Let it Be - The Beatles

A classic pop song written by Paul McCartney, Let It Be's catchy intro might require some practice if you are a total and complete beginner. But it is possible to find extremely simplified versions of the song and work your way up to the full version. For those taking voice lessons at the same time, it can also be a fun singalong at family gatherings, and not to mention it's meaningful and heartfelt message makes it a rewarding play.

Let It Go - Frozen

For those Disney fans out there, this hit from the movie Frozen by Disney has a catchy tune and simply lyrics that are easy to remember and to sing at the same time. It is also a great song to share with children. The chords are simple to learn for beginners, but if you are more creative, consider adding a few notes of your very own to spice up the song.

Ode To Joy - Beethoven

A true classic, this song doesn't come with fun lyrics to singalong to (though you can totally make up your own!). Beethoven's masterpiece is often one of the first classical songs that are taught to beginner music players. It comes with a very simple rhythm, melody, and fingering style, and since most people have already heard of the song, they'll find it easy to replicate once they find themselves sitting next to the piano.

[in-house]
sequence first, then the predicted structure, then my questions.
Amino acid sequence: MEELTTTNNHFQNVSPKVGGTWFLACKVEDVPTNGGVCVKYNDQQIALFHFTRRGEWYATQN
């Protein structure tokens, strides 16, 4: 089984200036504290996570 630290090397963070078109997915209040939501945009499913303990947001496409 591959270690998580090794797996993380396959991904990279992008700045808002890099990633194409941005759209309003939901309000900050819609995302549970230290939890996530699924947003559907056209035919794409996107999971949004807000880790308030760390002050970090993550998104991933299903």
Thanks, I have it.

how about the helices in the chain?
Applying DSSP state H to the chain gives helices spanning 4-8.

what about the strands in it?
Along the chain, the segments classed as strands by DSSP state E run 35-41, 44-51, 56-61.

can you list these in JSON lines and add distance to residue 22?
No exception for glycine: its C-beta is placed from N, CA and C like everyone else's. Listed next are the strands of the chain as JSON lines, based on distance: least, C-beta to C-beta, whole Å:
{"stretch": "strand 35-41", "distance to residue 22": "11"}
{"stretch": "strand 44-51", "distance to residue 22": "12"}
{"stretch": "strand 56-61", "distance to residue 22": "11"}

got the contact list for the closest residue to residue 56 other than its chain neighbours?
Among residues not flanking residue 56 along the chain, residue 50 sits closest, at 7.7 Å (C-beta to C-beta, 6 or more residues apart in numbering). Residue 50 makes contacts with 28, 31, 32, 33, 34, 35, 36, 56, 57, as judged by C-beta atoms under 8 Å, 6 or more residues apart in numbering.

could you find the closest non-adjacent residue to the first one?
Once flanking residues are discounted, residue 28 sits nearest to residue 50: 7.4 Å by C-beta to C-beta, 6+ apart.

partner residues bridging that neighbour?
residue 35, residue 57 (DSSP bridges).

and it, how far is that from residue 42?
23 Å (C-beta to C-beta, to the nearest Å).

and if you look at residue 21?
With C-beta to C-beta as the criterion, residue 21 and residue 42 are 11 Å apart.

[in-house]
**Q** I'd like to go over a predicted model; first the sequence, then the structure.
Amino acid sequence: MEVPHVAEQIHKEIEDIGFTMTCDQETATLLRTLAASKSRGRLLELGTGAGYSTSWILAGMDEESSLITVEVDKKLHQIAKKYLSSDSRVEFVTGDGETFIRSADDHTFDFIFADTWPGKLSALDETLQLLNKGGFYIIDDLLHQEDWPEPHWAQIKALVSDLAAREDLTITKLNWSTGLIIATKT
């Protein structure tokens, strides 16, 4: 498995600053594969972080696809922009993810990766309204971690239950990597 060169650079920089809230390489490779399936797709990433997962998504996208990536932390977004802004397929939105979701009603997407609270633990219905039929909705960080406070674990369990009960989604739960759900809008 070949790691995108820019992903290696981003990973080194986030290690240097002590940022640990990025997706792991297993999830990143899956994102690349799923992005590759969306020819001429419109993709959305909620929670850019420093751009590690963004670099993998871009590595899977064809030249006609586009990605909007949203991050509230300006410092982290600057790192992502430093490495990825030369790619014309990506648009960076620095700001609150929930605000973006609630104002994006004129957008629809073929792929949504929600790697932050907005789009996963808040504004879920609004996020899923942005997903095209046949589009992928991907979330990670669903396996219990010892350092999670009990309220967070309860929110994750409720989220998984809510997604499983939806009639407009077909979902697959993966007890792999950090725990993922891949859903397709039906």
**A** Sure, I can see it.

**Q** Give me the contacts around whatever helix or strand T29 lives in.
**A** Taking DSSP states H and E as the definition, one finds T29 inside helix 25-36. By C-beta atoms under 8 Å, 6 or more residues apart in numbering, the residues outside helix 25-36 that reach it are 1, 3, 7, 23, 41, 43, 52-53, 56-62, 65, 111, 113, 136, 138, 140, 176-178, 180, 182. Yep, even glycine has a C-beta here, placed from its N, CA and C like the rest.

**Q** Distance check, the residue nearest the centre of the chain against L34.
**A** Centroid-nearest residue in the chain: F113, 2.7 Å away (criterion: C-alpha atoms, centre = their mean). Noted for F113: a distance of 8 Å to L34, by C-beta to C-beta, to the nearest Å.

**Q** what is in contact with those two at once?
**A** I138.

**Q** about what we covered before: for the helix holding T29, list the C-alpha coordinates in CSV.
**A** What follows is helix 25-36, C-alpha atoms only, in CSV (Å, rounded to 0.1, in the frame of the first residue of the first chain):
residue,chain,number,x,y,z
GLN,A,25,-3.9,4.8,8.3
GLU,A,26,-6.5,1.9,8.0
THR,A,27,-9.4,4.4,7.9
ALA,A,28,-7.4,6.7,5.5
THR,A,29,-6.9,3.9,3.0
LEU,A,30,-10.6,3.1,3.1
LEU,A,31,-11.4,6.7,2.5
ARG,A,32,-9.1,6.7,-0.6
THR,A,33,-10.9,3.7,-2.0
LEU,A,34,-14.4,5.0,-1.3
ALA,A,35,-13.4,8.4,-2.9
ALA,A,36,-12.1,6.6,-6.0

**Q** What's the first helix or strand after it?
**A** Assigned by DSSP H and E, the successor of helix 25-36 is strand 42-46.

glasses and a black pen on top of music sheets
Photo by Dayne Topkin on Unsplash

The Blue Danube - Strauss

Originally written as a waltz song, this catchy classical piece might sound tricky to play at first, but it is actually a great song for beginners to learn! You don't have to play it fast when you are just starting out. The melody itself is also very simply to pick up. Once you get the hang of the melody, you can add the rest of the song for a wholesome performance.

A Thousand Miles - Vanessa Carlton

Those with musical knowledge in pop music will know this song as a true 2000's classic known for its distinctive opening melody played on the piano. Once you get used to the beginning riff, the rest of the song is somewhat repetitive and does not take much effort to master. For those with voice experience, try singing along at the same time as you play!

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Linda

Former high-school tutor with a passion for science and technology, I now work in the software industry and enjoy reading and learning about all kinds of topics.